Joan Wasser (aka Joan As Police Woman)
Sandy Denny has that "thing" I love in a songwriter who sings her own songs. She sings to soothe her own sorrow, that blank space inside her, and in doing so, brings the listener great comfort. Our spaces may vary slightly or greatly, but we've all got them; that place where things get lost, where life doesn't and won't make sense, where loneliness exists and feels as if it will never retreat.
Because we all know that Denny ultimately died from the complications from a fall, while inebriated. We know that she had her share of this kind of pain, as well. Is this why she didn't become a bigger star at the time? I don't know. No one can know this. Certainly if she had lived longer, she'd have had more time to show the world how stunningly talented she was.
I do feel that the cream always rises to the top, no matter how isolated or adverse to success or appreciation one might be. In this case, a songwriter and singer of her calibre seemed surely ready to experience renewed interest, especially because her songs are classics. They are timeless and enduring; simple enough to be sung and interpreted by others, distinct enough to be undoubtedly hers.
I was interested in this project because what Denny created is what I am interested in doing in my own life as a songwriter and singer. I want to sing from that place we all share; from the space that can feel indescribably painful and confusing but also unites us all. Learning through living in another's songs makes me a protégé and a believer of her truth.
And I do believe in Sandy Denny.
Andrew Batt, Creative producer.
I still remember the first time I ever heard Sandy. I was at university and was wiling away my Saturday in one of the then many second hand record stores, when I came across the North Star Grassman and the Ravens LP. I bought it partly on the strength of it’s extraordinary cover, and because Kate Bush, whom I was then in thrall to, had name checked her in a song – and so the connection was made, in the way that interest in one thing often leads to the discovery of another. Having put the LP on I was instantly blown away by the opening track 'Late November'. All the elements that make Sandy special are present, from the unexpected harmonies and elusive lyrics, and of course that voice, which leads you on siren-like; intrinsically melancholy without ever being sentimental, both powerful and restrained. I think I decided that day, right there and then that I was going to have to buy all her albums! Thus was my introduction to Sandy; not through Fairport Convention or even her collaboration with Led Zeppelin, which led many to Sandy’s door.
Since that time, a passion became a hobby which became a career: I’ve been lucky enough to have been invited to work on some great music projects including many of the Sandy re-issues that have surfaced in recent years including the Live at the BBC box set, the 19 CD box set and now the forthcoming deluxe editions of Sandy’s last three solo albums.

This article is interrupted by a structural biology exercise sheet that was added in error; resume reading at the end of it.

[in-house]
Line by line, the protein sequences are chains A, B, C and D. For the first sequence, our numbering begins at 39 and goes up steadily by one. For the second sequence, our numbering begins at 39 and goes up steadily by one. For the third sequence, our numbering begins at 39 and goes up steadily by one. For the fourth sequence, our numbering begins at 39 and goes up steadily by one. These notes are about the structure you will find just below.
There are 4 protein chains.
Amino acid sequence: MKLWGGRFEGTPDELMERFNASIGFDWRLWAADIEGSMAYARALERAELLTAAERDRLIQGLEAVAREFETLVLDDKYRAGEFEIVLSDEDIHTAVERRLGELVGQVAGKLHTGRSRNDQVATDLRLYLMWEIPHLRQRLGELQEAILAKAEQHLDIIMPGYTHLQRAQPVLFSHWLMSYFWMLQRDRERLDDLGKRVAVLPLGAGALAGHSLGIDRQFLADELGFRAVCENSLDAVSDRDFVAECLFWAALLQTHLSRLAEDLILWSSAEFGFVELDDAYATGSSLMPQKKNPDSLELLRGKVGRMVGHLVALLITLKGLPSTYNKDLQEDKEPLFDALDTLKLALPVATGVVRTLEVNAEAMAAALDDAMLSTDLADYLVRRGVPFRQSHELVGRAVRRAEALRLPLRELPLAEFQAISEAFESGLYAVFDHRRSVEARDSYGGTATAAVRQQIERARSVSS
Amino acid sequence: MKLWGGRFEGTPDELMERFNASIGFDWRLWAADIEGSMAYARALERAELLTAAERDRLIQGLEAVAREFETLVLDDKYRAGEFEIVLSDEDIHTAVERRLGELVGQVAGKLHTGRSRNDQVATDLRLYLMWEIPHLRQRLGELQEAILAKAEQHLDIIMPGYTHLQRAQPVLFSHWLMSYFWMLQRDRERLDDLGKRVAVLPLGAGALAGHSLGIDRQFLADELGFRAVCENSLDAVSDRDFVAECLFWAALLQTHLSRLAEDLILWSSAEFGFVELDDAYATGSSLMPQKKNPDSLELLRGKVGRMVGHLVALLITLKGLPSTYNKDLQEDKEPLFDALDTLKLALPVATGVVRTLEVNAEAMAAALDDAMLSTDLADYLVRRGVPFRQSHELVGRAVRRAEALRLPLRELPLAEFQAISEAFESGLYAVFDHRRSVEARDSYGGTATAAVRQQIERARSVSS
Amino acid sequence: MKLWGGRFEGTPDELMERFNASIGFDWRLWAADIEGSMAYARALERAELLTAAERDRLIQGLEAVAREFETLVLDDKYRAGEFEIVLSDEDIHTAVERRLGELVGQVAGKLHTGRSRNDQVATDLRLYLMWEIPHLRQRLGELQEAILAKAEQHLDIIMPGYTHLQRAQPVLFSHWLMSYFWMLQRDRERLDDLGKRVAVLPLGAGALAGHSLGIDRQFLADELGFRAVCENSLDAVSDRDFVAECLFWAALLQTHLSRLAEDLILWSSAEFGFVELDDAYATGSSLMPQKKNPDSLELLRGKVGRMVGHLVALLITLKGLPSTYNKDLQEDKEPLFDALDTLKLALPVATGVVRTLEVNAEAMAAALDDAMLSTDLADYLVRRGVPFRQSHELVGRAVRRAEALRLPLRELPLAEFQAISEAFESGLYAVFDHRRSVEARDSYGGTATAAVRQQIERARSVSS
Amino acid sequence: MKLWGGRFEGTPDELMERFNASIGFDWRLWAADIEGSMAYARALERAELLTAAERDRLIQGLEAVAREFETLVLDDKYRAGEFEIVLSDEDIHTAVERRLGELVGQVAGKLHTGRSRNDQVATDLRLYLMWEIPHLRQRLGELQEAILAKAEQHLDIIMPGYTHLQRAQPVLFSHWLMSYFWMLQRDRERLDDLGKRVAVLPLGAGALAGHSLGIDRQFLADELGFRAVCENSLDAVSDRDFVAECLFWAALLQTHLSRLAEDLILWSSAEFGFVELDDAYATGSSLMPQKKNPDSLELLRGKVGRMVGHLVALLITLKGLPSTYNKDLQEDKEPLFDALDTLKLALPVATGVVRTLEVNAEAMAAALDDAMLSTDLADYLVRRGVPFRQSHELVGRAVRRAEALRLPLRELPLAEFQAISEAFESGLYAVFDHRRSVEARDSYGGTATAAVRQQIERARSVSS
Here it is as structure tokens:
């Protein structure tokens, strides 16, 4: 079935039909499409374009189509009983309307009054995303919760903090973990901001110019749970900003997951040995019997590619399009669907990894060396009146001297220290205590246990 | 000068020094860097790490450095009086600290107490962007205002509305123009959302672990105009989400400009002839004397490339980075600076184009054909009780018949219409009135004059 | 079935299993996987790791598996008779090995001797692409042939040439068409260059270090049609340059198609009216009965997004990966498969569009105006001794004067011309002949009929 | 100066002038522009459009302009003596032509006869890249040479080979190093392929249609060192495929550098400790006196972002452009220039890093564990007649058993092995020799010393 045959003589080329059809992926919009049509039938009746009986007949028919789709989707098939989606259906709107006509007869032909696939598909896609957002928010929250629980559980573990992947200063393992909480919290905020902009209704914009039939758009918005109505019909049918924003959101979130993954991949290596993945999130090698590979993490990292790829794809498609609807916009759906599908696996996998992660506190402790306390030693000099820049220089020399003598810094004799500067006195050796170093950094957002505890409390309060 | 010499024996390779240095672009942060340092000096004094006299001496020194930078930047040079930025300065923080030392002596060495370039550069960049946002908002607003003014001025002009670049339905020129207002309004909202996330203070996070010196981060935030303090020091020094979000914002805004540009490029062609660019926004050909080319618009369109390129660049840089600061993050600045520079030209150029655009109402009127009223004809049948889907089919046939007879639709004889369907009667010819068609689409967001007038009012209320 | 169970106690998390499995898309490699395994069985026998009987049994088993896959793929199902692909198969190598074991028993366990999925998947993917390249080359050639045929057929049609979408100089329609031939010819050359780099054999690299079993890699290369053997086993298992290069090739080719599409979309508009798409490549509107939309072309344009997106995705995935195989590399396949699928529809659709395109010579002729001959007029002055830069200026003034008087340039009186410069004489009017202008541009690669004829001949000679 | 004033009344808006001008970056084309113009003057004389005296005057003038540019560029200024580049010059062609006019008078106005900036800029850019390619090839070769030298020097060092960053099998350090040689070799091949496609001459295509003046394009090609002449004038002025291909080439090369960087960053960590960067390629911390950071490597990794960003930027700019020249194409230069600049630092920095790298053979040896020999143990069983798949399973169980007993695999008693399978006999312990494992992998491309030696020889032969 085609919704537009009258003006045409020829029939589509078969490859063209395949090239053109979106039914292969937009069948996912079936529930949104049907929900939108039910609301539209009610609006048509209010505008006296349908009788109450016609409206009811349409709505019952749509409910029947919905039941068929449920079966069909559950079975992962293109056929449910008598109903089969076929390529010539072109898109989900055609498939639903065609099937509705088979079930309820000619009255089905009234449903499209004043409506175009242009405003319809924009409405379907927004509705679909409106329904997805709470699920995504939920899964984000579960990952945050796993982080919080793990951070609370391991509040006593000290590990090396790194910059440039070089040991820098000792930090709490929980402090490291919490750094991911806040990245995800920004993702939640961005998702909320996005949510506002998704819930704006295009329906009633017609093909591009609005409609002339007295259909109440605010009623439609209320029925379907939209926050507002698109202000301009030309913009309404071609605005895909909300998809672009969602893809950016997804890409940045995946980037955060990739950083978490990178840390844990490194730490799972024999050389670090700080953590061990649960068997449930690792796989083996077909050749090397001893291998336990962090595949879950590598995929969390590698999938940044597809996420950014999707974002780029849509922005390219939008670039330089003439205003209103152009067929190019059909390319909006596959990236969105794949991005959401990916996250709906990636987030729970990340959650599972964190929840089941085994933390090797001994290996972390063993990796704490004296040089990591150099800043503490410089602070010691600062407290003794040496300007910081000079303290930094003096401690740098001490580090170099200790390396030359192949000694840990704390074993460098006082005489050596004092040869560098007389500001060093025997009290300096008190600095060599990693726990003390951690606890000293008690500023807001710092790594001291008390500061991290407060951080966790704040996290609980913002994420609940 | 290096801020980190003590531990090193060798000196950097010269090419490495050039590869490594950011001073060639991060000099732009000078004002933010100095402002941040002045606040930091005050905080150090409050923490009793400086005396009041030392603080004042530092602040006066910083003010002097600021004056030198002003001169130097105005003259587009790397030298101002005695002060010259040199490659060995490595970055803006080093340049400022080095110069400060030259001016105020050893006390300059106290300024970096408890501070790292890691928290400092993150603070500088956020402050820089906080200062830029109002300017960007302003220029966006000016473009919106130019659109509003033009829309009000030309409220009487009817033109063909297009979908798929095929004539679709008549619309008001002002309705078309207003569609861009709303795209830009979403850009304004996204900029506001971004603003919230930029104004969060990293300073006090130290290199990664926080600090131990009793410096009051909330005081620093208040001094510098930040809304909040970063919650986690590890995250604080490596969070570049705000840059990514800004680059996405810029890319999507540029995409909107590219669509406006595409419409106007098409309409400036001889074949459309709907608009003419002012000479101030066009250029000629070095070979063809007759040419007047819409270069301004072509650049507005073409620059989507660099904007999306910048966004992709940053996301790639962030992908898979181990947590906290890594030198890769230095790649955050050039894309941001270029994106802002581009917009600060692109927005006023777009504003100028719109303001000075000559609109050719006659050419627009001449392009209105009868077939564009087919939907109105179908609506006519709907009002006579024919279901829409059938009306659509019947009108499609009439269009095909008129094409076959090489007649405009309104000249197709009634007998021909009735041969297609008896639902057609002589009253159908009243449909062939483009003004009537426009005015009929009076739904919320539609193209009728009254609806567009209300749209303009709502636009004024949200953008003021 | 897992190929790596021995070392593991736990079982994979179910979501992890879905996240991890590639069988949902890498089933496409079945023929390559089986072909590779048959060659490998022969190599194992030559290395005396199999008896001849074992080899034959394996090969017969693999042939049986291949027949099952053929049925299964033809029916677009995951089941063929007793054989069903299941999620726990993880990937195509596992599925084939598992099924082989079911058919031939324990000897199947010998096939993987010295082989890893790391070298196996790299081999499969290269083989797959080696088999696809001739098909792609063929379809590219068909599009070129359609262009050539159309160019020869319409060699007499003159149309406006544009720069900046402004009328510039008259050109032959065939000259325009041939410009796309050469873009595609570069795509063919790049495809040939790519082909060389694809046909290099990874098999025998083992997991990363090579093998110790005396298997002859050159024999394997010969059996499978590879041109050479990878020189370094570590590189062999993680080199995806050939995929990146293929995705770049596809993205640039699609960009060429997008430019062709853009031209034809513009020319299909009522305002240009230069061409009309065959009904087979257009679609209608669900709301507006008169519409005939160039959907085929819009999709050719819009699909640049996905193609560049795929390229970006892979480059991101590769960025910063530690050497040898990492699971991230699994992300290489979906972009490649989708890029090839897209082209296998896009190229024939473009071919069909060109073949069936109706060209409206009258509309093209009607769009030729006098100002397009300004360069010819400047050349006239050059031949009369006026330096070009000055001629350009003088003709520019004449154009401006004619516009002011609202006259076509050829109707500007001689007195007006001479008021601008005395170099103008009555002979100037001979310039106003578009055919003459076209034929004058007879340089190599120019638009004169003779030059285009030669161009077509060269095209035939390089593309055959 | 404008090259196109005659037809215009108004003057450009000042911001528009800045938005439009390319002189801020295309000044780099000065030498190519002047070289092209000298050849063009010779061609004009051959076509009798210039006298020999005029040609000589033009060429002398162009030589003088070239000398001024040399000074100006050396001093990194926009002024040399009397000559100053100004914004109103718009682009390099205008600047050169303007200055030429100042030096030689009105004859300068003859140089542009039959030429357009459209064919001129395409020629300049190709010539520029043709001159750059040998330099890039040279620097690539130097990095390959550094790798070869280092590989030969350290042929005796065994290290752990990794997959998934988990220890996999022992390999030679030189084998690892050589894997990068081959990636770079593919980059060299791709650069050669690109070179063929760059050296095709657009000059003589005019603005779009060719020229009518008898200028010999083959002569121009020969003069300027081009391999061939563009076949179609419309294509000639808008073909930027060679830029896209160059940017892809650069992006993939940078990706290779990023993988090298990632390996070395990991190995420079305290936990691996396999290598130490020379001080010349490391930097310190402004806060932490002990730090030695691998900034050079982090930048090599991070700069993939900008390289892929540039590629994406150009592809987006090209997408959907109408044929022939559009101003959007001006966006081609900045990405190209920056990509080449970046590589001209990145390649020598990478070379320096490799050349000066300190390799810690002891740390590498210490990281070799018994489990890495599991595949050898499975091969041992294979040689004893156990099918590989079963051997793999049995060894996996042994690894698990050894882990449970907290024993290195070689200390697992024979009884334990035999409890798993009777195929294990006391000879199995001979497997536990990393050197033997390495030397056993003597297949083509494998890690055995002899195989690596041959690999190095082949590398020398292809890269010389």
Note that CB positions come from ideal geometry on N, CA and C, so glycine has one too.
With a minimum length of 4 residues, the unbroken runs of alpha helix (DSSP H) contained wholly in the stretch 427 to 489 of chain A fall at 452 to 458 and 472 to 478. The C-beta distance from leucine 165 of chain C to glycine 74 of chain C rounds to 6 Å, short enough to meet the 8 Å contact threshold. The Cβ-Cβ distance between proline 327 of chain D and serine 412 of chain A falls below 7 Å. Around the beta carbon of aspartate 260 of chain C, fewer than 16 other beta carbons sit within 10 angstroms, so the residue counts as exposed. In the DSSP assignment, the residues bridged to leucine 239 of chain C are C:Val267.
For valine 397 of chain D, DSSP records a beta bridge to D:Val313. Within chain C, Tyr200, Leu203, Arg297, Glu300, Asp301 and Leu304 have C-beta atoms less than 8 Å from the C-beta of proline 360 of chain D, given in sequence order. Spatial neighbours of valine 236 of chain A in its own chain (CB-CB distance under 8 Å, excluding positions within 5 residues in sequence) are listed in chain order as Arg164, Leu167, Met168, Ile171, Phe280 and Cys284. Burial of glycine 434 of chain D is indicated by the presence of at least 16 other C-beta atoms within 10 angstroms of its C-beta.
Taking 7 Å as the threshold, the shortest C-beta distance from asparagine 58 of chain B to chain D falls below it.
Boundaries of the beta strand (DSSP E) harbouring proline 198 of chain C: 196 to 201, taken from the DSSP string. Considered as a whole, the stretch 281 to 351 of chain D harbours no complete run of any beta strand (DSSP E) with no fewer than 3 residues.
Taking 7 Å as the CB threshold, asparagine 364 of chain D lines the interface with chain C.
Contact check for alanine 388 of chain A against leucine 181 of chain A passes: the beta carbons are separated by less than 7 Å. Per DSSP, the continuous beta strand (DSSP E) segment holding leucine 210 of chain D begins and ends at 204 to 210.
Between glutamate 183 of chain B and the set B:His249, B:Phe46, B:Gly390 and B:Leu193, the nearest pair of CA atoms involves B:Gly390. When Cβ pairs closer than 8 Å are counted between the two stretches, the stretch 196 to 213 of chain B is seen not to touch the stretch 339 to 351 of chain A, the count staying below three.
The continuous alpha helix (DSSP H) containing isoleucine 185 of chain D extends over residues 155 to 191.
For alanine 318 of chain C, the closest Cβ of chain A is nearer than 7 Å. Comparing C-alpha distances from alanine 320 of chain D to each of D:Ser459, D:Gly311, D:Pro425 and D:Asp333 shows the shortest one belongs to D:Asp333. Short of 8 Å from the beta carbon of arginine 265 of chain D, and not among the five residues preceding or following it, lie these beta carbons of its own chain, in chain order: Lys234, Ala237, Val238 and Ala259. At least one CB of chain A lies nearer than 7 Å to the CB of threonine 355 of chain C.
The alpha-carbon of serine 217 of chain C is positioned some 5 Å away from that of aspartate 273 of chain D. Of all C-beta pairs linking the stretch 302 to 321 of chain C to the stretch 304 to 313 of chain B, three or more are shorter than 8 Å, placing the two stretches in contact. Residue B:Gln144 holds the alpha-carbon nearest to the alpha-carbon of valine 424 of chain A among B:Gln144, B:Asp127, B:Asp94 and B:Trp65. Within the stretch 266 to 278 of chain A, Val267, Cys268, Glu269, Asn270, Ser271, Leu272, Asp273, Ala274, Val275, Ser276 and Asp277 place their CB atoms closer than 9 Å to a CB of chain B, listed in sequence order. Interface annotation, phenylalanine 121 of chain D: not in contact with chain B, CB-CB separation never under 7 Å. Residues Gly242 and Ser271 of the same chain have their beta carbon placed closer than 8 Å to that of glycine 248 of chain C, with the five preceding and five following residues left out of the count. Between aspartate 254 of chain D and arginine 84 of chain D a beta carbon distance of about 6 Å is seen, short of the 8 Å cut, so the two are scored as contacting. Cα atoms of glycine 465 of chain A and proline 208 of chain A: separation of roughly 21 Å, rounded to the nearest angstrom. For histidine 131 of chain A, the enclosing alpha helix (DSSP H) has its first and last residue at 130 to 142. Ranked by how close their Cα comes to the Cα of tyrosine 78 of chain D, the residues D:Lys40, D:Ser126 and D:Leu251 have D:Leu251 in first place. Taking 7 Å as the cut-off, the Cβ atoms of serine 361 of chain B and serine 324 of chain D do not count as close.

It was on the 30th anniversary of Sandy’s death that I first thought of doing a show celebrating Sandy’s music, a friend and I had done an intimate show at the London Troubadour; one of the venues that Sandy had made her name in back in the mid-sixties which proved to be a success beyond our expectations. After that I felt there was room for something more ambitious, and so began work on ‘The Lady: a Homage to Sandy Denny’, which was first performed at Southbank in London at the end of the year, and was a real success. I’d always planned to take the show on the road at some point, but we all got involved in other projects so it rather went on the backburner. It was only when Thea Gilmore got involved in the project that became her album Don’t Stop Singing - where she set to music lyrics we found amongst Sandy’s paperwork - that I knew the time was right to tour a show that could now look at Sandy’s complete musical legacy. This tour isn’t a mawkish tribute, it’s an attempt to redirect the focus back to Sandy’s song writing at a time when more and more of today’s rising stars are acknowledging Sandy’s contribution and significance not just as a singer but as a songwriter; artists such as Laura Marling, Joanna Newsom, Florence Welch and the Unthanks. It’s heartening that Sandy is finally getting the sort of recognition she always deserved as I believe these songs have a future, and this tour is part of giving them one.
The Sandy Denny deluxe reissues are out now on Universal and follow the recent live shows, The Lady: A Homage to Sandy Denny, a special tour commemorating Sandy's songwriting legacy.
'The Songs of Sandy Denny: Who Knows Where The Time Goes', directed by Janet Fraser Crook, will be broadcast on BBC4 on 17th September.